Types of Worms – Roundworm
Roundworms are most common in regions with a high population density and poor hygiene and sanitation facilities – fortunately, Australia and New Zealand don't fall into these categories. Children playing outdoors in countries with poor sanitation and high population density have been known to pick up these worm infections, especially if there's faecal matter present. If, based on the information you find here, you think your child or a member of your family might have a roundworm infection, contact a medical professional immediately.
We know how important it is for parents to be prepared for any eventuality when it comes to the health and wellbeing of their children, so here's our factsheet on roundworms, how they enter the body, what kind of symptoms they cause, and – perhaps most importantly – how to get rid of them in the case of an infection.
Introducing the roundworm
The roundworm is a parasite which can enter the body and cause some unpleasant side-effects for little ones.
Also known as 'nematodes', these worms like to live in the human gut, but certain species can travel to different areas of the body. It's been said these worms look a little like cooked spaghetti, and they range in size from just a few millimetres long, up to an incredible two metres1
How do you catch roundworms?
Infections are very rare in Australia and New Zealand, but if you suspect your child may have contracted one, it is advisable to seek medical attention for further treatment and advice.
The most common way of catching roundworms is through contaminated soil1. The eggs and the tiny larvae live happily in the soil, but they can easily end up in the body if someone gets some infected dirt on their hands and then transfers it to their mouth. Children can pick up the infection by putting dirty fingers in their mouths – something we know many children do from time to time! However, it's important to remember that this type of infections are rare in Australia and New Zealand, and it's therefore unlikely that children in this region could contract such infections on home soil.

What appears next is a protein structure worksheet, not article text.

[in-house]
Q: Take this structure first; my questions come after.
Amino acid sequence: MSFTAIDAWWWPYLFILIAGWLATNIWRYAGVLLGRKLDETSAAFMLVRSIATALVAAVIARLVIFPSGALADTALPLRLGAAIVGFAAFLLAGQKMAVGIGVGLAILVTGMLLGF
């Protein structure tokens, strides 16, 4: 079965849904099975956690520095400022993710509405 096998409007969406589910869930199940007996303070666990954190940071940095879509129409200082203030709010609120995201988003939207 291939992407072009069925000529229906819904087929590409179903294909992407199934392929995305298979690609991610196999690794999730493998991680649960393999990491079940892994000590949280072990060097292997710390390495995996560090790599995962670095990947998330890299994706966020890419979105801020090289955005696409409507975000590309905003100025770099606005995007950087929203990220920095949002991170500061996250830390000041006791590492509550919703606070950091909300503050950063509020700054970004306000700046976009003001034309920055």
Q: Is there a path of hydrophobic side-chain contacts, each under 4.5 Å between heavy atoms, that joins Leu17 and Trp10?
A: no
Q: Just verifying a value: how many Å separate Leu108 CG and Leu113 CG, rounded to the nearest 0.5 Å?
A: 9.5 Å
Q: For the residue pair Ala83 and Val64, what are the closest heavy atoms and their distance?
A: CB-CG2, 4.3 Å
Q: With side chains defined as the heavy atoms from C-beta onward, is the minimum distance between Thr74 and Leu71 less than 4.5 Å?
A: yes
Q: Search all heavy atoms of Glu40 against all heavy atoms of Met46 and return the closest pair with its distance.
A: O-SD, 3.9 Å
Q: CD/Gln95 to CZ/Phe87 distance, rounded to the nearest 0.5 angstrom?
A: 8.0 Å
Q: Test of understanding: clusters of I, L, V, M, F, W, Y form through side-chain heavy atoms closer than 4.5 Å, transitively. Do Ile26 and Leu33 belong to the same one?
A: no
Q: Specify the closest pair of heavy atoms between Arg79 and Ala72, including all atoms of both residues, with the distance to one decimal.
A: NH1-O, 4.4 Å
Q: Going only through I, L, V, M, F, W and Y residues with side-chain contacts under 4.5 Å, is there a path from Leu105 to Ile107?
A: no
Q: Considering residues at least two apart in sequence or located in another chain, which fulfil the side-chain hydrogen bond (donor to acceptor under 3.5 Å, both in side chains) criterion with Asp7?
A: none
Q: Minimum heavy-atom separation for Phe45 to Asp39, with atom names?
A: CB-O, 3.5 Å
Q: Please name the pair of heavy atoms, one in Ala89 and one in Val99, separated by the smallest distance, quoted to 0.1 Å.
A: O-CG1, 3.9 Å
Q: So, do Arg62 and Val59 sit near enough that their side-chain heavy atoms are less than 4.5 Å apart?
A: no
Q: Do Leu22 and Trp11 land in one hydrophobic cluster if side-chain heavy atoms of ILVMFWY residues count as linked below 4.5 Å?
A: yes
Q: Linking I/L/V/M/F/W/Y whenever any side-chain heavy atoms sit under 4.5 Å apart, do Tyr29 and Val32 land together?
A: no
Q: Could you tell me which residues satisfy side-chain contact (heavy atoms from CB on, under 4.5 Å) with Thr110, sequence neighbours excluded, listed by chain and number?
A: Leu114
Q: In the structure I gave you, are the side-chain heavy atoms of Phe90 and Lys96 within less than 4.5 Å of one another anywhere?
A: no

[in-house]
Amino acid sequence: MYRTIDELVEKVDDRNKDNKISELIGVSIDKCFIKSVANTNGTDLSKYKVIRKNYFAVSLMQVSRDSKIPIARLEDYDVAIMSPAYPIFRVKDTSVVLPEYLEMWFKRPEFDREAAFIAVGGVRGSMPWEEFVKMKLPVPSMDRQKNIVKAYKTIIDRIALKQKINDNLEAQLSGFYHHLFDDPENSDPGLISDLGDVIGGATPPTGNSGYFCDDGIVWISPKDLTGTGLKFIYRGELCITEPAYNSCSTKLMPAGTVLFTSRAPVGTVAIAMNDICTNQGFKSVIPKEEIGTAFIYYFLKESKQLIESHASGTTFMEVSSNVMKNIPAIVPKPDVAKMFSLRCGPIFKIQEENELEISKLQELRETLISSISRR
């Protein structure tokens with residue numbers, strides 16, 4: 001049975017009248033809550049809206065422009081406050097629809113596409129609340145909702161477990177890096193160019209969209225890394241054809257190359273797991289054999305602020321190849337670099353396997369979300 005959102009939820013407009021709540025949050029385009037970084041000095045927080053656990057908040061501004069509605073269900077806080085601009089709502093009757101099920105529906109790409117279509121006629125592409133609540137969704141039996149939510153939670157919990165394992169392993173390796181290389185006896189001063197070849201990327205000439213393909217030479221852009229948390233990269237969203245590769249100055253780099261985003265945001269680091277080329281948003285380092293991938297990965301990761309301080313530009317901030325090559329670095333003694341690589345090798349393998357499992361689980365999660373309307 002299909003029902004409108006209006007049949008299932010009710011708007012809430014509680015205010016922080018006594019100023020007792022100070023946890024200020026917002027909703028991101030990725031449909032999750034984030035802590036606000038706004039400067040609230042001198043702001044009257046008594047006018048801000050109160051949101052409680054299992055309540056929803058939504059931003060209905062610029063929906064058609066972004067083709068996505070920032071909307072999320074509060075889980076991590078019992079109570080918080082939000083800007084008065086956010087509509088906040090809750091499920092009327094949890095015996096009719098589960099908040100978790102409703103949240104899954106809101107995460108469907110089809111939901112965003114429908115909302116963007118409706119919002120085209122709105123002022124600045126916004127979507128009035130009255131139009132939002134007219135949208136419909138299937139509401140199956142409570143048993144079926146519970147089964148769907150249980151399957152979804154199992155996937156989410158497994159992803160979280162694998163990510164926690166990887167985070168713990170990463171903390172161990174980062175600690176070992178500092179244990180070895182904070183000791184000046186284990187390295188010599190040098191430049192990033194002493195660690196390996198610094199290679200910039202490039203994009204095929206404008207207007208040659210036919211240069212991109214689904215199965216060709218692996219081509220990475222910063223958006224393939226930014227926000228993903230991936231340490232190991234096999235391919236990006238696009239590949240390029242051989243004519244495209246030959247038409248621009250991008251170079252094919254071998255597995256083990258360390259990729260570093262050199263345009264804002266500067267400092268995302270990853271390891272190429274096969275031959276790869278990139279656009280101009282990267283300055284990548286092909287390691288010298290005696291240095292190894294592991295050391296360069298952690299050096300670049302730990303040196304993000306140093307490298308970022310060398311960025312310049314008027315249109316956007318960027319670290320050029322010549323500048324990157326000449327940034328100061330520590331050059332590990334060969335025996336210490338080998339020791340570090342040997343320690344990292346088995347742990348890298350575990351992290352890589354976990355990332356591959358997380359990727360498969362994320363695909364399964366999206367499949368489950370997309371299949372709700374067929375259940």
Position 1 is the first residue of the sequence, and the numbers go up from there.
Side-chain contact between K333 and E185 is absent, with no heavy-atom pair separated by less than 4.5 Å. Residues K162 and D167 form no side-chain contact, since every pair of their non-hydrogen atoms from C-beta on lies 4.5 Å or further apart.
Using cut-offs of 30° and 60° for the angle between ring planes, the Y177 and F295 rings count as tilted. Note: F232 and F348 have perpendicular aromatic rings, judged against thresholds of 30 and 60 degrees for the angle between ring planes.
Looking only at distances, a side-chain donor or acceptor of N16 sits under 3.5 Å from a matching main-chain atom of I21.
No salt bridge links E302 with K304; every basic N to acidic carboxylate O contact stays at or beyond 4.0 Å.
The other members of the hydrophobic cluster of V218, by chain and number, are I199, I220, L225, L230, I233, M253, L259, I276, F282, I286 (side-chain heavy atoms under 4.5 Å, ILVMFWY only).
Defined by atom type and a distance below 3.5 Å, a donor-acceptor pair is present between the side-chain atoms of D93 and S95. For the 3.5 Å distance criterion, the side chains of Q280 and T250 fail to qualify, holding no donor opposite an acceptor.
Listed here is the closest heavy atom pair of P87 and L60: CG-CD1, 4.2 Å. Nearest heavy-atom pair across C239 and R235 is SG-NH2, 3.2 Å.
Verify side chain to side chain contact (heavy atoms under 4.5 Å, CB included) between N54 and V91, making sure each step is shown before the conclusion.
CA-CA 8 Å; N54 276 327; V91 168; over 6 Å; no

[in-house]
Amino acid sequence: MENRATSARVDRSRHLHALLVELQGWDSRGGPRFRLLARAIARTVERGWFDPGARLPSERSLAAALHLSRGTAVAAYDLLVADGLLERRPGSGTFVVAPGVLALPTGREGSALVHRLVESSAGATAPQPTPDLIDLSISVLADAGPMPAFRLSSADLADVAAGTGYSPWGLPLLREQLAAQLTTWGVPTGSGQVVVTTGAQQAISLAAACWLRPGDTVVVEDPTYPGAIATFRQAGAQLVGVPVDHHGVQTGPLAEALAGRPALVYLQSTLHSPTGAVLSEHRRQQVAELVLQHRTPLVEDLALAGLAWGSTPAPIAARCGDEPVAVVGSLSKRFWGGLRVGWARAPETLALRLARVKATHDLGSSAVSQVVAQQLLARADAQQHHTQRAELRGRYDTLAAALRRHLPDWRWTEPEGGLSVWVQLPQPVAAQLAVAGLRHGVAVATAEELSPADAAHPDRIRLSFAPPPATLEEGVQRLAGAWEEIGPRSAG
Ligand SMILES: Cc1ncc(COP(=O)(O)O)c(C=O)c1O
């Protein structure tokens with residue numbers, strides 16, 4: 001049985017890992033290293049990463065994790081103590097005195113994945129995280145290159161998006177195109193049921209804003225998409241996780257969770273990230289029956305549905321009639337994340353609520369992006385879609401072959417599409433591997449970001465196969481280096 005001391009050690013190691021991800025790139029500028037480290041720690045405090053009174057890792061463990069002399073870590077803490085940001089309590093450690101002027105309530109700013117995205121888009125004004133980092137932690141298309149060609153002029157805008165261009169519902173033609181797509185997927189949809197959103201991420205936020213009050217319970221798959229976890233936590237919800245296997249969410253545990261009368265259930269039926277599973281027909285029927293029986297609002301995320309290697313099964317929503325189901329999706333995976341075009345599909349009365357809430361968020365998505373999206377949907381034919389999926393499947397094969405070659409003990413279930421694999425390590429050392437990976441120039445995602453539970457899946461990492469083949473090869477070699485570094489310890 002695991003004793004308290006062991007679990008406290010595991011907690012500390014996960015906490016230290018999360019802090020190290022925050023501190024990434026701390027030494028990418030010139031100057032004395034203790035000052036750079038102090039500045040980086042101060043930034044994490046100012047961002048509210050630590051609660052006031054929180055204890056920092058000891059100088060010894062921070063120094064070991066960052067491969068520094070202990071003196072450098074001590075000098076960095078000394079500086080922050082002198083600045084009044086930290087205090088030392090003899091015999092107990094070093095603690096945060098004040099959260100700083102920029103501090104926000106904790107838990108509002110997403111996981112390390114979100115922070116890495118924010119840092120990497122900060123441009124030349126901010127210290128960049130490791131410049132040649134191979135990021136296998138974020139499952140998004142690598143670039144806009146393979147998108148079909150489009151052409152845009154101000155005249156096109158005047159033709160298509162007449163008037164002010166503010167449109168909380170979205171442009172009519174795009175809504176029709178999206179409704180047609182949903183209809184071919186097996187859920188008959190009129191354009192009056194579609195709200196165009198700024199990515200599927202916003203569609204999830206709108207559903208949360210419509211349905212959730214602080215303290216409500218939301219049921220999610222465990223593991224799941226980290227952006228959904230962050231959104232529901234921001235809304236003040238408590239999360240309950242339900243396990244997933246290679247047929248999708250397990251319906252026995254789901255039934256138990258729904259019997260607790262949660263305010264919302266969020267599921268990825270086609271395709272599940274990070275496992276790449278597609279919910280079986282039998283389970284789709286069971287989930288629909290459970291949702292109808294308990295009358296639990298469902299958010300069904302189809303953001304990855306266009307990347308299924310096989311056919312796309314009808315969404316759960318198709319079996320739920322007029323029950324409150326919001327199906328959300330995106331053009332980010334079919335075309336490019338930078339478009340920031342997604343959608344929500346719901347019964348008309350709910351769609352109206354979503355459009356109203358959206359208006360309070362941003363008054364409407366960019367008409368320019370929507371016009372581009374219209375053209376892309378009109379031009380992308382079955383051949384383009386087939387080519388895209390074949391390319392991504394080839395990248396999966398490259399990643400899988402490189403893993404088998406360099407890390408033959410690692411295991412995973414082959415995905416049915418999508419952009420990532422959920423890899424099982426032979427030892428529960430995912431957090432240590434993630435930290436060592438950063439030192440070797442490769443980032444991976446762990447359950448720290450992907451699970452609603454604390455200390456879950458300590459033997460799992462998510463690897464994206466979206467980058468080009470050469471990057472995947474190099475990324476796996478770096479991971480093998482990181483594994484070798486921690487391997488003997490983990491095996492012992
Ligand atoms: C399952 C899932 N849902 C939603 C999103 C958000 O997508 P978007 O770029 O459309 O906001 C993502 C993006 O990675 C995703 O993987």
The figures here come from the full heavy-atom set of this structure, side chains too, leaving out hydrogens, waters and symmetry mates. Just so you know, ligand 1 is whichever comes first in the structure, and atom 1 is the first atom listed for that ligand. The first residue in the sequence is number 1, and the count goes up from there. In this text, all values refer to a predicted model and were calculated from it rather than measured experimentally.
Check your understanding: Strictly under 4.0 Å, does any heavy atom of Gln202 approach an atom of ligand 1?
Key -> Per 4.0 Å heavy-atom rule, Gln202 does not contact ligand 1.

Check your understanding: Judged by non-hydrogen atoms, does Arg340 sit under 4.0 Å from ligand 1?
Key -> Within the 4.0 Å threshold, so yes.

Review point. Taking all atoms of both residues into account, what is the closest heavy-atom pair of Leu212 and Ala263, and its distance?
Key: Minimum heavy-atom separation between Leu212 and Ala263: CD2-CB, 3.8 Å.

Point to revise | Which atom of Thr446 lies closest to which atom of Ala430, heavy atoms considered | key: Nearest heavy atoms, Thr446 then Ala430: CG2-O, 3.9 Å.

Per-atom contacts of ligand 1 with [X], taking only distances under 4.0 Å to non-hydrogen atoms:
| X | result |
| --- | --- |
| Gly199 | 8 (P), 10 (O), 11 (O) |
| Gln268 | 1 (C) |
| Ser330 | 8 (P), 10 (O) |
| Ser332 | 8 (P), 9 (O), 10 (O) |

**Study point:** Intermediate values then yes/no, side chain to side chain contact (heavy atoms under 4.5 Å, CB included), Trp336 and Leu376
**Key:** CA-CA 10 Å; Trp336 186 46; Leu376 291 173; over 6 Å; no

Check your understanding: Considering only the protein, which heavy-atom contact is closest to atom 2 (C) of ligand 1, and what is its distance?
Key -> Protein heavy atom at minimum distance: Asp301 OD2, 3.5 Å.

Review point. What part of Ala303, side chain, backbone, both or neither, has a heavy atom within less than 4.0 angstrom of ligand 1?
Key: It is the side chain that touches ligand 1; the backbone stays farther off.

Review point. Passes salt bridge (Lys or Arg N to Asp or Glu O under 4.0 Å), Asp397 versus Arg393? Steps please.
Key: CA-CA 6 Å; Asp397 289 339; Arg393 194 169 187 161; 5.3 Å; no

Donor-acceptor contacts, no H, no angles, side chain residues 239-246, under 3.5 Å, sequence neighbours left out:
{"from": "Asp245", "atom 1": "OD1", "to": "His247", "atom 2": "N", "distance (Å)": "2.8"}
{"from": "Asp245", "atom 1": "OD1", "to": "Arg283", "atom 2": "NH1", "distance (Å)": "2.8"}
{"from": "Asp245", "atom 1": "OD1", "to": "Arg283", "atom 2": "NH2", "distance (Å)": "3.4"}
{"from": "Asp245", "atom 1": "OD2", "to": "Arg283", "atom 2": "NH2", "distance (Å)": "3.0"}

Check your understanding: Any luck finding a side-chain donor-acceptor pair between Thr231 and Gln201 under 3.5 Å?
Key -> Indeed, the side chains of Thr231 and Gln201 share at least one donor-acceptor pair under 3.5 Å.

Many household pets also experience roundworms – they're common parasites in dogs and cats2, for example. Your pet can pass the eggs in their faeces, contaminating the soil and putting curious, playful children at risk of contracting the worms.
Contrary to popular belief, a roundworm infection isn't a symbol of poor hygiene. Children are naturally inquisitive and often have no qualms about coming into contact with dirt while playing or learning! While it can help to teach children not to play with animal faeces and to wash their hands as often as possible, it's also important for mums everywhere to understand that worms are a natural part of growing up for many little ones, and deworming is not a hygiene red flag, but a sensible part of mum's and dad's all-round care.
What are the symptoms of a roundworm infection?
In many cases, infections don't actually cause many outwardly noticeable symptoms. But when symptoms do occur, they appear in two distinct stages3:
- 'Early-phase' symptoms: newly-hatched larvae can make their way from the small intestine (where they usually live) into the lungs, which can cause a number of symptoms, including fever, dry cough, shortness of breath and wheezing. Experts are yet to establish why some people infected with roundworms experience these symptoms, while others don't. Early-phase symptoms can become apparent 4-16 days after the eggs or larvae were ingested.
- 'Late-phase' symptoms: when the worms living in the intestine have reached maturity, they can cause blockages in the digestive system, which can lead to mild abdominal pain, nausea, diarrhoea and eventually, passing the worm in your faeces. This doesn't tend to happen until around six weeks after the original infection occurred.
How do I treat a roundworm infection?
If a roundworm infection is suspected it is advisable to seek medical attention as soon as possible for your doctor to verify. Roundworm can be treated effectively with COMBANTRIN®, which effectively paralyses the worms inside the body and causes them to be passed out in faecal matter. It's recommended to perform another worm-check about 2-4 weeks later, if symptoms continue, and re-treat if necessary. Also remember to treat the whole family to ensure worms that may have been passed on are also dealt with.